I'm guessing it's because under 12.1 because MCAS would only fire once - if the Pilot get's the AOA high enough again close to a stall the controls will get a little light.
And if that is okay and allowed to stand why is it even needed in the first place?
That is pretty weird, it’s either needed or not right? I had heard that there was the potential to allow one MCAS application per high AoA event.
I've been saying for months the MAX could be a lot safer overall without MCAS.
That’s totally illogical from a safety perspective though. If the solution to the handling issue is more dangerous than the handling characteristic that doesn’t mean we should accept the handling characteristic, it means you need a different solution.
If my solution so stop someone burning themselves on a hot pipe at work is to have a pit bull that rips your arm off of you get too close does not mean that we should remove the pit bull and just accept that people can burn themselves.
Maybe just some more recurrent stall training is needed (and it is now in the US I believe as their sims are required to be able to replicate stalls).
FBW hasn't been the magic bullet to prevent stalls that develop into fatal crashes - this would be a Worldwide Global Pilot Training Issue.
There are no magic bullets, there are reasonable improvements hat add to the safety of the system, FBW being one of them.
It's one of the most important aspects of Primary training and should be taught incessantly throughout a Pilots career.
Controls get light - it happens especially in turbulence - as a Pilot you can't just rely on the feel of the controls - you have to continuously monitor your flight path on your instruments or by outside visual reference ( if available) constantly as in every few seconds - like under 3.
I wasn’t aware of the controls going light in turbulence. The reason why the control ‘feel’ is so important is because the human body is much better at force based proprioception than displacement proprioception.
Sorry Morrisond I feel I’m picking on you, I’m not, you just being up interesting points that I can look up and answer to on my phone.
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No worries at all.
The big question is does the MAX have handling issues that aren't that benign.
we know that the handling is not benign enough to pass the regulatory hurdles, if we can ignore this regulation because it’s difficult to pass then that’s a whole different can of worms being opened!
If it does then the best solution is probably to put a bullet into it. [/quote]
I disagree, implementation of MCAS in a more robust way is ok.
If not and the controls just get lighter than allowed (and reportedly it was only when the MAX was really light and loaded close to the AFT COG limit) it should not be materially less safe without MCAS.
My brain doesn’t appear to functioning today but as far as I can make out the phenomenon that MCAS is trying to rectify is that’s the engines produce a nonlinear shift of the centre of lift forward that the the normal shift of the centre lift rearwards due to the effect of the elevators. I can’t grok how the CoG alters this purely aerodynamic phenomenon.
However I would be very surprised if it does have certain issues that make a stall unrecoverable.
Likewise, that would be very extreme.
Yes the Nacelle's generate more lift - but once lift is lost the heavier more forward placement of the engines should make stall recovery easier as it would pull the nose down.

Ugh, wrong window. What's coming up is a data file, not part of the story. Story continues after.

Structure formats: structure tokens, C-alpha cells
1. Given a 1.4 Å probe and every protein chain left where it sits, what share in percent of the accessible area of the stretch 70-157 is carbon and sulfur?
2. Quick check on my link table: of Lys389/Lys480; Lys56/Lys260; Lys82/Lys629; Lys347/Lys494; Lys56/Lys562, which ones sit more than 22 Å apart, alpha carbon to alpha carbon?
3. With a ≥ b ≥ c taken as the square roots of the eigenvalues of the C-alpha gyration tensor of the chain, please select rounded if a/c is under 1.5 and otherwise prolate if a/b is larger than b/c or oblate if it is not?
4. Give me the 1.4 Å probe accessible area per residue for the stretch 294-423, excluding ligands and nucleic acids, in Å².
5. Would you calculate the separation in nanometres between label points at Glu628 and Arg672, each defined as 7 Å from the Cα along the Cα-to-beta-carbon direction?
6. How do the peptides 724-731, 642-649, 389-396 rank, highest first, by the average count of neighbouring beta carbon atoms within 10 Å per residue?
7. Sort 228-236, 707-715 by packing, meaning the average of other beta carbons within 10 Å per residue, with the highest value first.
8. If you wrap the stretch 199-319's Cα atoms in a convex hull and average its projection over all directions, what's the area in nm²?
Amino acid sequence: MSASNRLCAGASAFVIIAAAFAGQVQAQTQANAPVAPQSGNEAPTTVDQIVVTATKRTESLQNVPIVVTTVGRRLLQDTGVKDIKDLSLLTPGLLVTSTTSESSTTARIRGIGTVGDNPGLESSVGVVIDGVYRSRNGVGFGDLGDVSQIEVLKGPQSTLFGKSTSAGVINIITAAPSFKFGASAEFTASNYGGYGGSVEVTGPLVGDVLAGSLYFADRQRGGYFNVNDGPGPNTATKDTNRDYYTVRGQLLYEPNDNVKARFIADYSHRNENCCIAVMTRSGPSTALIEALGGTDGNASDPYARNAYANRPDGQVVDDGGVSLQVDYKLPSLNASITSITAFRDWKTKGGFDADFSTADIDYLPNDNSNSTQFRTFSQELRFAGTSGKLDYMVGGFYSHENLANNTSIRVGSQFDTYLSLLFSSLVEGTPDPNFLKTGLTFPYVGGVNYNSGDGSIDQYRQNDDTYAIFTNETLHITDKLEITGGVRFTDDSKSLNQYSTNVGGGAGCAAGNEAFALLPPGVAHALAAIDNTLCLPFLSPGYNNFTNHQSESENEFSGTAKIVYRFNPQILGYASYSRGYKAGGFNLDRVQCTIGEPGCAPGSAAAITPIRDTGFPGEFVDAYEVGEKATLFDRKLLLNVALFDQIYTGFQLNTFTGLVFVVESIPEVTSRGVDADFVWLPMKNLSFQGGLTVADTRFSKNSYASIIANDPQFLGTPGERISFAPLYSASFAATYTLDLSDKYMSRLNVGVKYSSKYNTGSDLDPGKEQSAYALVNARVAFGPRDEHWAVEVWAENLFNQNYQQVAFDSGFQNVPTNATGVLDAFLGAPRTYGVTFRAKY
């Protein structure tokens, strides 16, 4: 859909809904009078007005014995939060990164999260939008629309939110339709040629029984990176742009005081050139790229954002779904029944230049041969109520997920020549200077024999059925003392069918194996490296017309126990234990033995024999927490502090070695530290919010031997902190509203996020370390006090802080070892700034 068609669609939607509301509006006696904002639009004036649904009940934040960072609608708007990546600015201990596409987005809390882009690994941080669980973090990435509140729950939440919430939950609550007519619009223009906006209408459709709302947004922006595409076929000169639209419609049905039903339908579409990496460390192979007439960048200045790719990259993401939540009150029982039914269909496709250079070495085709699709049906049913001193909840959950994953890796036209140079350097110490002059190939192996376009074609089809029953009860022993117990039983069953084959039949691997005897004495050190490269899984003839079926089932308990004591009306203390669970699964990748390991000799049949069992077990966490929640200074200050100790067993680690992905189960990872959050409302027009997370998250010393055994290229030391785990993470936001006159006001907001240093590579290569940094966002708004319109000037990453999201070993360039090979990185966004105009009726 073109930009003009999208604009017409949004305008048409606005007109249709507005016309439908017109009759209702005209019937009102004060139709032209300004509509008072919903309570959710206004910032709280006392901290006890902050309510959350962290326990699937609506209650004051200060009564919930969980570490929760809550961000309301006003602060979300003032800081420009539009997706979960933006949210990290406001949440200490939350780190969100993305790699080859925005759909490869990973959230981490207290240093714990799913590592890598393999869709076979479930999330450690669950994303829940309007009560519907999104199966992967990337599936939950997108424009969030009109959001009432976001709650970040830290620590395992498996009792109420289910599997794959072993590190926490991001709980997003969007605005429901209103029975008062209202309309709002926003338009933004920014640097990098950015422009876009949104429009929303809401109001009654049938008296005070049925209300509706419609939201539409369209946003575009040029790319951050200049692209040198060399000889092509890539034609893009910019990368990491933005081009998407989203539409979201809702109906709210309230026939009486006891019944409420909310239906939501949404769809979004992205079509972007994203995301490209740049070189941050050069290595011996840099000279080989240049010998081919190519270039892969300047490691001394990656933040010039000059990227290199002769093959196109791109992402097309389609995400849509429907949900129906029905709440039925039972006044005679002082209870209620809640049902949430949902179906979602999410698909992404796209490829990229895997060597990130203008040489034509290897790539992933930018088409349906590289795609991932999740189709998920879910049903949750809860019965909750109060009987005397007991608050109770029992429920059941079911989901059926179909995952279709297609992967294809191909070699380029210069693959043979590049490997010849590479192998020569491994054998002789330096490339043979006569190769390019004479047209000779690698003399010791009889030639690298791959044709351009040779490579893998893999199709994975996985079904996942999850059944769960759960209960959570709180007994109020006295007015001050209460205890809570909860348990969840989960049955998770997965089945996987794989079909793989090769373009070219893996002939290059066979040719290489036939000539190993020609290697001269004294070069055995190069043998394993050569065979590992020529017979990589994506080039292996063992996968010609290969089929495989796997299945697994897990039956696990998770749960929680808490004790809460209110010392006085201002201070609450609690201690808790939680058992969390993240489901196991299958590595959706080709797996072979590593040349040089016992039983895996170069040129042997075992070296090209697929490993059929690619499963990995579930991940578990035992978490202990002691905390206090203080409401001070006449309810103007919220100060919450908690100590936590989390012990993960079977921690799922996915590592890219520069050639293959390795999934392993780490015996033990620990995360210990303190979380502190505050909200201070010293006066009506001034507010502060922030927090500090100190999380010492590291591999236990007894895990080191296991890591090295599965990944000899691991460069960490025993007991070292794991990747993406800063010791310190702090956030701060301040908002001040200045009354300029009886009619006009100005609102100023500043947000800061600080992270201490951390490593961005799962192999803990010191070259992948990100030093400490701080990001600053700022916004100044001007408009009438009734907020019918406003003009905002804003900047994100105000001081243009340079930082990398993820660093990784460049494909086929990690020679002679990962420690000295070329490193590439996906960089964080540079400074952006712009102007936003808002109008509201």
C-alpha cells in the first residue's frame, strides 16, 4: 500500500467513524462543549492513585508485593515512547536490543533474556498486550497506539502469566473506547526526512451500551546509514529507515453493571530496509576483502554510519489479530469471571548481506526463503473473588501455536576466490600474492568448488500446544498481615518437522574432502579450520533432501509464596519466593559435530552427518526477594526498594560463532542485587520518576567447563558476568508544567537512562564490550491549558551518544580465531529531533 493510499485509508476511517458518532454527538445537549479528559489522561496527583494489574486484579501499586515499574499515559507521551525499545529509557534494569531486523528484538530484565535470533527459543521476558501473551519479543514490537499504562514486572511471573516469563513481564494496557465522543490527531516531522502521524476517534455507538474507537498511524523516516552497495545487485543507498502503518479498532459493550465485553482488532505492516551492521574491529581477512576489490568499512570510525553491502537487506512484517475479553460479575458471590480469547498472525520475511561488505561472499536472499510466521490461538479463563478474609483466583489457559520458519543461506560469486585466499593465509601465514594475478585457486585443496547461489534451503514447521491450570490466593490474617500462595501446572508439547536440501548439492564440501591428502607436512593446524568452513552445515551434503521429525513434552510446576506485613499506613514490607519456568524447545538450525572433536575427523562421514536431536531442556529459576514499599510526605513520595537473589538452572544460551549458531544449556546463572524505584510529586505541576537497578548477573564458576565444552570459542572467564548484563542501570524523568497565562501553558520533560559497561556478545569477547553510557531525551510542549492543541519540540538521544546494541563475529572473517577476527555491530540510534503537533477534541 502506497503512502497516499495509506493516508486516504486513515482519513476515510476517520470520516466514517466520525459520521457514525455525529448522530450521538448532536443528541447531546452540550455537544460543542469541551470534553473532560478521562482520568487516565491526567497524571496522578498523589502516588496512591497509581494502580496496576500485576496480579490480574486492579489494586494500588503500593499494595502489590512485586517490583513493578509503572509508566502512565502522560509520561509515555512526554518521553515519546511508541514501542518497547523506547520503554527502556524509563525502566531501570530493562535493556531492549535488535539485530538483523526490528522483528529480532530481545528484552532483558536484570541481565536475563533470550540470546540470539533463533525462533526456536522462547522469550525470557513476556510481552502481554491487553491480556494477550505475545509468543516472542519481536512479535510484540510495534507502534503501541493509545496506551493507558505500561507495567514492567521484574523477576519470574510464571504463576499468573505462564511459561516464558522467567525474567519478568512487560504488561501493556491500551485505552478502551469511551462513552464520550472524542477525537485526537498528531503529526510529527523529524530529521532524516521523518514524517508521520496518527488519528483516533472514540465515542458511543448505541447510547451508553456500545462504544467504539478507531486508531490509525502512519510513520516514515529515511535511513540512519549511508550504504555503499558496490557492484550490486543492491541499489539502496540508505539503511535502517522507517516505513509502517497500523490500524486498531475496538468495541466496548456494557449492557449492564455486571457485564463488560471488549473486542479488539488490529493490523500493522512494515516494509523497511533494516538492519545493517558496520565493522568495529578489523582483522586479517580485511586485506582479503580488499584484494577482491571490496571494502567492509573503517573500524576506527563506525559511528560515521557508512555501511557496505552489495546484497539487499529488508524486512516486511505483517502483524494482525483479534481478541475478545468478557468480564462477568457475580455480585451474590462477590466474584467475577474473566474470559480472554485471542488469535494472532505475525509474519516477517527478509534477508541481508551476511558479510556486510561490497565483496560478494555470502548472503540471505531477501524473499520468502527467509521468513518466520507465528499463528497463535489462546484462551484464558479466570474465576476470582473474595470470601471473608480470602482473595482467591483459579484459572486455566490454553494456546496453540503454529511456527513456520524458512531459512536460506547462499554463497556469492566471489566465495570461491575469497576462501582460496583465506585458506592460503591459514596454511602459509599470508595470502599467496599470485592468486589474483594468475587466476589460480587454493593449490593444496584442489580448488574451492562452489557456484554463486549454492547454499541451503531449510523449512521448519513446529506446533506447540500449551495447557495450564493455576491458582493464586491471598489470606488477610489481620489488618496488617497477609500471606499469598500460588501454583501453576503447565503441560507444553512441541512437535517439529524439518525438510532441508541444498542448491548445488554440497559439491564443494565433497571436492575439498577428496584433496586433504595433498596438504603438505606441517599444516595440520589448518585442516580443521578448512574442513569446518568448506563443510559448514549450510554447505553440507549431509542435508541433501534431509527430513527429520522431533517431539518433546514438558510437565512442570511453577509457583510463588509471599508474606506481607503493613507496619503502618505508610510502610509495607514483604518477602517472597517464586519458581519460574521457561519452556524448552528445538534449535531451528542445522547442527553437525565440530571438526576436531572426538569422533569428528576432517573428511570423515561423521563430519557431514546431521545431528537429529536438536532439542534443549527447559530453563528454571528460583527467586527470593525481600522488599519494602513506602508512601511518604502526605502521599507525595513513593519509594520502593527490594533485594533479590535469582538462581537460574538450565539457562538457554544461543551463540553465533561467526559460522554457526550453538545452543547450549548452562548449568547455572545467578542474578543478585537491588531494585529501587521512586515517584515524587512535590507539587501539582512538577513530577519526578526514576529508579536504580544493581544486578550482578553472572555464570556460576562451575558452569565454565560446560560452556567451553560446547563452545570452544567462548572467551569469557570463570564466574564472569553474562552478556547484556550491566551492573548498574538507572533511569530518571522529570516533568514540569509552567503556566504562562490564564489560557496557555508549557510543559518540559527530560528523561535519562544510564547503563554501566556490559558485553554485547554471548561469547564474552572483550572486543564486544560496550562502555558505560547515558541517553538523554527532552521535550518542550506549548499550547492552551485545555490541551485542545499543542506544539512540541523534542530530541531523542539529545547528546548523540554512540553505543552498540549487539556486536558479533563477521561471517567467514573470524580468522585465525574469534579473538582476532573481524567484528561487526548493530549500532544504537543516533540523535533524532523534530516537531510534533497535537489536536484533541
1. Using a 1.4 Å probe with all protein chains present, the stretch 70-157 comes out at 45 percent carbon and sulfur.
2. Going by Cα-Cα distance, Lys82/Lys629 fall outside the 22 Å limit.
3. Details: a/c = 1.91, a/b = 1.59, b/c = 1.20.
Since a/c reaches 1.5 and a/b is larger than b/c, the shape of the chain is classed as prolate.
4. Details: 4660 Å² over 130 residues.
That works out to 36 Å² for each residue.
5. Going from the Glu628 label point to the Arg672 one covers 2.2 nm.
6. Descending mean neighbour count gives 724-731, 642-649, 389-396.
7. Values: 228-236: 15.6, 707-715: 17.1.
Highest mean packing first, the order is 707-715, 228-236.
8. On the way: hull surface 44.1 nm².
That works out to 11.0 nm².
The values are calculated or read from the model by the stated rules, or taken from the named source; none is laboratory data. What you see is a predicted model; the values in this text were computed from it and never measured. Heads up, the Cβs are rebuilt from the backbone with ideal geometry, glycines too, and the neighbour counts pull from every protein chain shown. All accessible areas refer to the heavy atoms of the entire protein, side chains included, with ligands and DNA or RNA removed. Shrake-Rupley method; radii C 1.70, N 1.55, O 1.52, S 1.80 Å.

The aircraft is still stable, I don’t think the MAX has a particularly forward CoG due to the engines. As far as I know there was some movement of internal hardware to balance the engine move.
Flying through air is not like driving on Asphalt - on calm days it is but on Crappy days you really can't go by feel.
You can (and do)go on force based proprioception for controls.
So Pilots are taught to never rely upon the feel and to rely upon their instruments. That is especially true in Instrument conditions where there is no outside visibility.
I think there is some confusion about the forces that are being talked about. You are right in that one shouldn’t rely on sensing acceleration forces for determining aircraft position/loading/ direction of gravity etc. But control forces absolutely are used in conjunction with feedback from outside reference and or instruments. The pilot references a particular or multiple instruments and uses an increase or decrease in force on relevant controls to reduce the error to the target position on the instruments. This is a broadly subconscious process which is why it’s so important to understand from a control perspective.
The human mind will totally trick you into thinking the plane is doing one thing when it is doing something completely opposite.
I don't have an example from flying but I have a great personal story from Snowmobiling.
One time I was out on my lake in Blizzard conditions. I had to cross an open part of the lake (no islands but lots of ice so I wasn't worried about about going swimming) that was only about 2km across and I had done it 1,000 times. So I started off and held the handlebars what I thought was straight - it should have only taken 2-3 minutes to cross - 2-3 minutes later I ended up exactly where I started - I did a big loop.
I then did it again and ignored my instincts and held the handlebar to what I though was the left. I crossed successfully and ended up exactly where I wanted to on the opposite shore in a straight line from where I started.
During my flying training (just a lowly PPL here) my instructor demonstrated this to me by flying in to a cloud and asked me to just look out of the window, I noticed nothing through my senses until we shot out of the bottom of the cloud, I’d say we were vertical but it wasn’t that extreme.
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